Dave Winer, 56, is a software developer and editor of the Scripting News weblog. He pioneered the development of weblogs, syndication (RSS), podcasting, outlining, and web content management software; former contributing editor at Wired Magazine, research fellow at Harvard Law School and NYU, entrepreneur, and investor in web media companies. A native New Yorker, he received a Master's in Computer Science from the University of Wisconsin, a Bachelor's in Mathematics from Tulane University and currently lives in New York City.
"The protoblogger." - NY Times.
"The father of modern-day content distribution." - PC World.
"Dave was in a hurry. He had big ideas." -- Harvard.
"Dave Winer is one of the most important figures in the evolution of online media." -- Nieman Journalism Lab.
10 inventors of Internet technologies you may not have heard of. -- Royal Pingdom.
One of BusinessWeek's 25 Most Influential People on the Web.
"Helped popularize blogging, podcasting and RSS." - Time.
"The father of blogging and RSS." - BBC.
"RSS was born in 1997 out of the confluence of Dave Winer's 'Really Simple Syndication' technology, used to push out blog updates, and Netscape's 'Rich Site Summary', which allowed users to create custom Netscape home pages with regularly updated data flows." - Tim O'Reilly.
8/2/11: Who I Am.
scriptingnews2mail at gmail dot com.
My 40 most-recent links, ranked by number of clicks.
FYI: You're soaking in it. :-)
There's a feature in all my rivers that makes it possible to RT a post, directly from the browser to your linkblogging tool.
Here's an example of one of the rivers.
It works with Radio2, and probably nothing else. But any other linkblogger could support it by accepting three parameters. They are: link, title, description.
They came straight from the RSS item.
The first time the user clicks a RT, a dialog asks for the domain name of their linkblogger. It stores it in a cookie, so the user never has to enter it again.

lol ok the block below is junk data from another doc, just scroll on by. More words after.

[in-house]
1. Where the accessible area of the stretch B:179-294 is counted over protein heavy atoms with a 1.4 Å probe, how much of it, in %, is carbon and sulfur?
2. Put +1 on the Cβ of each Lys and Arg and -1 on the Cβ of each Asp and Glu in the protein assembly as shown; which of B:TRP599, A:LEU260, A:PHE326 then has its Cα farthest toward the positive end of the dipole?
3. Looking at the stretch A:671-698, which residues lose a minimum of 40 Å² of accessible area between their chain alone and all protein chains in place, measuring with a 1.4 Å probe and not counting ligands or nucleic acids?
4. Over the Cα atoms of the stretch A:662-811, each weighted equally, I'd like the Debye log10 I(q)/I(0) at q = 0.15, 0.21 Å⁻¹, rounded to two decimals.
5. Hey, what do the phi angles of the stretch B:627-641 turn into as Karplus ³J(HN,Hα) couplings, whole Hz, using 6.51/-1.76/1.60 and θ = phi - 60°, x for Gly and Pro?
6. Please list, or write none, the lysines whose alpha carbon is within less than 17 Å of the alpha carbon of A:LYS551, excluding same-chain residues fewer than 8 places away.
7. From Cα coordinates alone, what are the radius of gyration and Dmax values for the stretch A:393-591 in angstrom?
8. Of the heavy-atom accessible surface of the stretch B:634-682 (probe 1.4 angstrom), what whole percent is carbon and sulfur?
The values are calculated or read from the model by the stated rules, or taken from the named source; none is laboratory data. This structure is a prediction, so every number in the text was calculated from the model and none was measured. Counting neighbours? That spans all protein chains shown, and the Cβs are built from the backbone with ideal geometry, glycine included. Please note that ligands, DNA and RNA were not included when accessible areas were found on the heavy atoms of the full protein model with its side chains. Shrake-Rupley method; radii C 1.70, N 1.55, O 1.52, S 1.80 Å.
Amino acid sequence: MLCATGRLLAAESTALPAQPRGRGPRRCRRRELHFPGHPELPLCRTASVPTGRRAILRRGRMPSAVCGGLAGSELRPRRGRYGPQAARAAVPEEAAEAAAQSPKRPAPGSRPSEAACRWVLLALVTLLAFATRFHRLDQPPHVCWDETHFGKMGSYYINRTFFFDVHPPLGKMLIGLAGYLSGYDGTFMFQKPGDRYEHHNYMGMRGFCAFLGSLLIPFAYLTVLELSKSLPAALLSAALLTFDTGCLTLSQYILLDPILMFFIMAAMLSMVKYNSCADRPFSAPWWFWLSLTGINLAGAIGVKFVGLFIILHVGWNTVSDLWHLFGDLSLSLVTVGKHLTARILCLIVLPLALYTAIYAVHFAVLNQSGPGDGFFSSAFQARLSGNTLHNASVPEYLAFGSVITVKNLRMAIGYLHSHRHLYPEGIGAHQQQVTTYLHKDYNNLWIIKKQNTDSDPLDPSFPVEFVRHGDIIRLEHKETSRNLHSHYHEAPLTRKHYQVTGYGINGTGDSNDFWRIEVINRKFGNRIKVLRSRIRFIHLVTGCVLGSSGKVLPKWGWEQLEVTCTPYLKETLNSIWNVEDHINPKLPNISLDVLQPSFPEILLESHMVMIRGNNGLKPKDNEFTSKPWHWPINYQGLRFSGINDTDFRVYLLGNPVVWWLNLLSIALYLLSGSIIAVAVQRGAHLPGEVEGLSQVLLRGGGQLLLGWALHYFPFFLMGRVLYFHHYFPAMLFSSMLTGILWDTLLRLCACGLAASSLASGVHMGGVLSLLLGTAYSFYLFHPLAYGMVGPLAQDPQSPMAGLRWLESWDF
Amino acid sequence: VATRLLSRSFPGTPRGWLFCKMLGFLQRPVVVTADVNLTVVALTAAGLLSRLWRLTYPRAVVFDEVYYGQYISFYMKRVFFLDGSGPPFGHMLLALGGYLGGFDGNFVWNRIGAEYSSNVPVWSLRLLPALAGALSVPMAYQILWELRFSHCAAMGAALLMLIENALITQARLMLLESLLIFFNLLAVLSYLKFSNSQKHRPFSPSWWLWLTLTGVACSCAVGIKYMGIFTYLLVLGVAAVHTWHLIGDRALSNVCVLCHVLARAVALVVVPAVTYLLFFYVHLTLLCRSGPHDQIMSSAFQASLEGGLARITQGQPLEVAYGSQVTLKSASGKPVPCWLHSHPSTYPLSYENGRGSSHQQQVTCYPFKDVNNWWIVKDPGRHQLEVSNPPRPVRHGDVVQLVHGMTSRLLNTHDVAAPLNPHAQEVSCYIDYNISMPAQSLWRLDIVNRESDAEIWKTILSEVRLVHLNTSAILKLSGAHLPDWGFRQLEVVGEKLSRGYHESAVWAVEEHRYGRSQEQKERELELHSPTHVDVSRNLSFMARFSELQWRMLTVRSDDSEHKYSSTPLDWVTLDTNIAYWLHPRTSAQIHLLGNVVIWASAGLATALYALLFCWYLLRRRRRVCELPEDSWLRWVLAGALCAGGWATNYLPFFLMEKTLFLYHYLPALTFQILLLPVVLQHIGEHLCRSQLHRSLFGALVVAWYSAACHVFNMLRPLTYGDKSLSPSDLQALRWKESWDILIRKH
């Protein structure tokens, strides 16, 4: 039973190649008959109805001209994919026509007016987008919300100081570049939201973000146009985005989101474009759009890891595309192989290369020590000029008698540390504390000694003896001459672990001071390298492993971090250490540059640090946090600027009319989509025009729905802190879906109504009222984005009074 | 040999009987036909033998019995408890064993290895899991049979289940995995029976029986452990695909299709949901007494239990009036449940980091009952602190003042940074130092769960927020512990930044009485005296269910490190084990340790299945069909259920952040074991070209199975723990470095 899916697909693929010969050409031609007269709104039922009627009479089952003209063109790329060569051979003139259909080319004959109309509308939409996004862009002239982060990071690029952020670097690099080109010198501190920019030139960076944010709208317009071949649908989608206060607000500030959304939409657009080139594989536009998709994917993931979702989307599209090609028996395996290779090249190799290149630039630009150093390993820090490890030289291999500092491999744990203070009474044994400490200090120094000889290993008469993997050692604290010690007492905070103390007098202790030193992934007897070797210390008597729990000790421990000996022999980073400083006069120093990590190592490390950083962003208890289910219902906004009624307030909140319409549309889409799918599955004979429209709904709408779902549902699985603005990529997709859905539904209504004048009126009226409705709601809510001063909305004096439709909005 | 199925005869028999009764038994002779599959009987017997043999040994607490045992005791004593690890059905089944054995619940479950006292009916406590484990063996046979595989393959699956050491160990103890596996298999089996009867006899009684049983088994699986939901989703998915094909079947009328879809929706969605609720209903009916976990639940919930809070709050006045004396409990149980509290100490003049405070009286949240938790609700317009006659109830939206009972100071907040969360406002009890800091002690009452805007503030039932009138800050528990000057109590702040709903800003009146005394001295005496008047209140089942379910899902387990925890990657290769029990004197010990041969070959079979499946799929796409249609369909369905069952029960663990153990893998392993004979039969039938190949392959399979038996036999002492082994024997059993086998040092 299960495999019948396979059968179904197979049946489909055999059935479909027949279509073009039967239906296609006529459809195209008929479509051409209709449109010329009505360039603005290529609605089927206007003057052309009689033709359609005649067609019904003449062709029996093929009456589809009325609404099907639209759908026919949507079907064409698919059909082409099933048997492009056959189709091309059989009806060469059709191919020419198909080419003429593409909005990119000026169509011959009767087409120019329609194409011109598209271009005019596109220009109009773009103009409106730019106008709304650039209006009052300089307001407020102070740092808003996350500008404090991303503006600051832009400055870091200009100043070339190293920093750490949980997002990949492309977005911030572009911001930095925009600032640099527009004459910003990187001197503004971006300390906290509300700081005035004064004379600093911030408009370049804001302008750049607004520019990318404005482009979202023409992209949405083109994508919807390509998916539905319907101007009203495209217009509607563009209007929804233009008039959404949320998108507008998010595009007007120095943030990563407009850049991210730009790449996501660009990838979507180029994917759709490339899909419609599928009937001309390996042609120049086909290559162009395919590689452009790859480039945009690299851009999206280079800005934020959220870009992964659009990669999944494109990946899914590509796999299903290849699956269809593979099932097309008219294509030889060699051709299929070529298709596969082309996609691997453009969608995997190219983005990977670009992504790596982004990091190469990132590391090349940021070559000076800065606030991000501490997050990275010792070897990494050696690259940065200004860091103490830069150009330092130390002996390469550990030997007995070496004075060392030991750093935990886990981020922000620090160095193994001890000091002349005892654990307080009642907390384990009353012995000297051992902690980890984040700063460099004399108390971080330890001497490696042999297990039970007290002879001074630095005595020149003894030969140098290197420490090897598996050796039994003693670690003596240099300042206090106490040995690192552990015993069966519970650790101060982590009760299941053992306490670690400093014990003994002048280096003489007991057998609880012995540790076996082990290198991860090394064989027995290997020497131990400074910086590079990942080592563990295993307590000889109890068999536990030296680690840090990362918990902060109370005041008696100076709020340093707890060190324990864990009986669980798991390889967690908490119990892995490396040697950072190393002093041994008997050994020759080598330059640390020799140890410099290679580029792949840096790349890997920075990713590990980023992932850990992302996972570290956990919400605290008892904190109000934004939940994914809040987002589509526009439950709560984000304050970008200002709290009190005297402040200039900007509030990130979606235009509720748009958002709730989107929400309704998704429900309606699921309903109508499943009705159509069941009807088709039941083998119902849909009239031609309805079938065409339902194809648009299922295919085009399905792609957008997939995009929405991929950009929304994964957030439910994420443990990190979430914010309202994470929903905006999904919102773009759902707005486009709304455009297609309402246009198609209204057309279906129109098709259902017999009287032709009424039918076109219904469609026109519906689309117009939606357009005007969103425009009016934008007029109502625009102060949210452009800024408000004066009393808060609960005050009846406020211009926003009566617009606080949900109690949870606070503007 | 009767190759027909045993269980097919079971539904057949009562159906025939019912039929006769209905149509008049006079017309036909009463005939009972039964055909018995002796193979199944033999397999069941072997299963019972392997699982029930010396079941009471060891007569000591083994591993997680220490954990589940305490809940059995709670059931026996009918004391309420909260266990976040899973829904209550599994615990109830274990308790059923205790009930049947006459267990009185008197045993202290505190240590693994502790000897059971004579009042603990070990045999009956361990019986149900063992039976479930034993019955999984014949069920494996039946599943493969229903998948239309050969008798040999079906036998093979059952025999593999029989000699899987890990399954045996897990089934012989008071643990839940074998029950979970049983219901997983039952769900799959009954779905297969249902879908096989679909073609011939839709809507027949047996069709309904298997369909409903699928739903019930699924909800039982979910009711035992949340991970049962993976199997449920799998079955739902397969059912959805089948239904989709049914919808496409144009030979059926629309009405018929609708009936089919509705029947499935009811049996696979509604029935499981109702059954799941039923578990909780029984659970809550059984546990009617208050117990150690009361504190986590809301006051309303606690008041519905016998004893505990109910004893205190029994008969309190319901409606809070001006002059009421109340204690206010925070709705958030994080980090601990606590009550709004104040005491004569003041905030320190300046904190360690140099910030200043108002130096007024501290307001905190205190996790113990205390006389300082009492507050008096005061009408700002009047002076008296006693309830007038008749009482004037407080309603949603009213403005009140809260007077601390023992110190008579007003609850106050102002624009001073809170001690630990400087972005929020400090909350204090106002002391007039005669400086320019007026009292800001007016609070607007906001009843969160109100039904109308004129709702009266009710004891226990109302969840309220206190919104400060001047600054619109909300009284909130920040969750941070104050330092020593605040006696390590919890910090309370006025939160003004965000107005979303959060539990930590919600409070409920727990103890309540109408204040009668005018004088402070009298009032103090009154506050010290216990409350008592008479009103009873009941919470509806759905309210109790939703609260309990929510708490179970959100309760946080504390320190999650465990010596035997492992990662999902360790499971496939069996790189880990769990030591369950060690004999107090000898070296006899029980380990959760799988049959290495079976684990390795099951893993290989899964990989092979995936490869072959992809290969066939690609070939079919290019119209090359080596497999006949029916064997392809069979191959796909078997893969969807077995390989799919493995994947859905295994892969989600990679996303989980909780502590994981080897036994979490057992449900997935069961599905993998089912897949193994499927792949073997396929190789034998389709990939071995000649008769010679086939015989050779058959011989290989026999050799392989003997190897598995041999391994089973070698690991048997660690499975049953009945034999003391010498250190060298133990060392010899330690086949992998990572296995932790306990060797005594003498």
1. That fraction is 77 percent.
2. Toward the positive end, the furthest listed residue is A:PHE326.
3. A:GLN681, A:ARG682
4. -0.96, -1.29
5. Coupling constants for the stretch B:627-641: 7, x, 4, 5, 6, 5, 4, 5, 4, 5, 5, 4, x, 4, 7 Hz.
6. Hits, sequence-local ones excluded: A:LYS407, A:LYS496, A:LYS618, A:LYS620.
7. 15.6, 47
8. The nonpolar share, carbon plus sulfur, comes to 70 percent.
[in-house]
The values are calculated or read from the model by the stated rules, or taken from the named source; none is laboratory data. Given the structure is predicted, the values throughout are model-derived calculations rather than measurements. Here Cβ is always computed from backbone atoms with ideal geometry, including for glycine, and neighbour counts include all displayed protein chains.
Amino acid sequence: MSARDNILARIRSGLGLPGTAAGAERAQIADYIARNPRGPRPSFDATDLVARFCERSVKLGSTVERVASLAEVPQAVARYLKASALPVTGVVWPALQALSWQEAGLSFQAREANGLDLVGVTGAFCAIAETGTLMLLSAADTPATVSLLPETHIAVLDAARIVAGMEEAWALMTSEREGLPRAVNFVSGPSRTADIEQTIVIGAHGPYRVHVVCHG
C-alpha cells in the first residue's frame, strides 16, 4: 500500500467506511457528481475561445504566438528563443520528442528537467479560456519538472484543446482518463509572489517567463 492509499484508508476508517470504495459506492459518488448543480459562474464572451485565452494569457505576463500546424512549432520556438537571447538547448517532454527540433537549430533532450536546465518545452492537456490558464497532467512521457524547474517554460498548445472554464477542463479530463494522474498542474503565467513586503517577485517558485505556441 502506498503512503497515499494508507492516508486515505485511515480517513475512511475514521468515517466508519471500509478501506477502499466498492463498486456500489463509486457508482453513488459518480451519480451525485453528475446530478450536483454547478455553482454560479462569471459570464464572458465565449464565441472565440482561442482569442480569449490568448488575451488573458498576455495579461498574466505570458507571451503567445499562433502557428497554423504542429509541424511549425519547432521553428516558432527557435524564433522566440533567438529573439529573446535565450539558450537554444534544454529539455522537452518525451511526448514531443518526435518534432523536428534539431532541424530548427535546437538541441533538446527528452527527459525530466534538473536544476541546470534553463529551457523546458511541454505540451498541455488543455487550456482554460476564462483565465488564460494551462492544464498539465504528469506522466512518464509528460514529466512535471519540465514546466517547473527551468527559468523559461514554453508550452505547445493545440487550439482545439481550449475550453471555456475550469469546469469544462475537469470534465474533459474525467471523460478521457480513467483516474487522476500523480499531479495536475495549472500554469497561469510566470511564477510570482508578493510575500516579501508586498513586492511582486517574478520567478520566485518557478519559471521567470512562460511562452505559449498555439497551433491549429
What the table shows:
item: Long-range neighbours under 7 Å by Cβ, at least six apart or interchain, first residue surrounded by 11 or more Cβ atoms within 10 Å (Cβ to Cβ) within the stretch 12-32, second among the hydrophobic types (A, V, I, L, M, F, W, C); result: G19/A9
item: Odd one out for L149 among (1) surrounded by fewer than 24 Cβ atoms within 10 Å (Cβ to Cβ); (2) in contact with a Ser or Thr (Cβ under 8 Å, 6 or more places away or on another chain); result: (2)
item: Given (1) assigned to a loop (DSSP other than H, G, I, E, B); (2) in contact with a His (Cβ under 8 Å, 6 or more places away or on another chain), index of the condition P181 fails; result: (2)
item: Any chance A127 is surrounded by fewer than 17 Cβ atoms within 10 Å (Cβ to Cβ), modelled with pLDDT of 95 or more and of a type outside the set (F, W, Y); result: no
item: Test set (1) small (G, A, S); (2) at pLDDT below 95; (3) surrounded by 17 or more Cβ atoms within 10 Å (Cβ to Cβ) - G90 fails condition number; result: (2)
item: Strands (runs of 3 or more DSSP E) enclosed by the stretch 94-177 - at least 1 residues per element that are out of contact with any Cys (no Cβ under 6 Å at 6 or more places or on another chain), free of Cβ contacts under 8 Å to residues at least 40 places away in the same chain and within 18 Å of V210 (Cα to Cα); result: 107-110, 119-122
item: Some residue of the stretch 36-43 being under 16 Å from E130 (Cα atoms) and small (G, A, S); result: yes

If you have a blogging tool you can support this, probably in a few minutes (and you might already support it if you have a bookmarklet, in which case please let me know).
John Battelle is right.
Google defined the web that we like, and the web we like defined Google.
Having Google break the contract is not just bad for Google, it's bad for the web.
Two take-aways from this:
1. We should be more careful about who we get in bed with next time.
2. We probably should help Google survive, but only to the extent that they support the open web that we love.
On Twitter, Om Malik says that he's following me by using a search engine I wrote about here. And while I did write about it, I don't use it. And I won't unless we can work something out with them that guarantees that they will not take us down the same path Google did. I don't see the point of endorsing a successor to Google, if it just takes us down the same path again.
I use Bing on my iPad, and still use Google search on my desktop. Google for some reason decided that I need a special mobile version of their search engine on the iPad. That's crazy. It's got a full size screen. All they did was add a lot of whitespace. It's like building a car for the tropics with an industrial strength heating system and no air conditioning. Hello. If anything you'd want to reduce the whitespace on a smaller screen. But the brilliance of the iPad that software designers generally refuse to recognize, is that it has a no-compromise web browser (except for the still-irritating omission of Flash). Find other problems to solve. This one doesn't need solving.
So Bing, while it comes from a company even more evil than Google (although their evil is older and they are more humbled), is a better iPad search engine, so it's a no-brainer for me to use it over Google, there.
I've yet to find something that works well enough to replace Google on the desktop.
As you may know, I resigned from Facebook a few months ago. I don't miss it one bit. And while I get a good dose of tech news from Twitter, it isn't enough. So I'm an at-least-every-hour TechMeme reader, even though I admit that it isn't really tech news. It's an addiction. So hat's off to Gabe Rivera for creating something I can't live without. But I want more! More! More!!
Then the other day I was looking at the TechMeme leaderboard, and saw that it lists the RSS feeds for most of the top sites. So I pulled them info into an OPML file, and created a river out of it using my River2 software, and let it run overnight to see what it would look like after some stories had come in.
No surprise -- it's pretty fantastic.
I know you all love tech news, so I wanted to share.
PS: I sent Gabe an email yesterday with a pointer yesterday asking if it would be possible to jointly provide this as a service on techmeme.com. He's probably busy creating new "meme" sites -- but the offer remains open. I'd love to see this as river.techmeme.com or something like that. I think everyone who wants to be blasted with tech news should know about it.
PPS: John Battelle posted an excellent item yesterday asking what our vision is for the future of the web. I wanted to point out that all of these sites are totally on the web. So it ain't dead yet. And they all have feeds too. Just thought I'd mention that.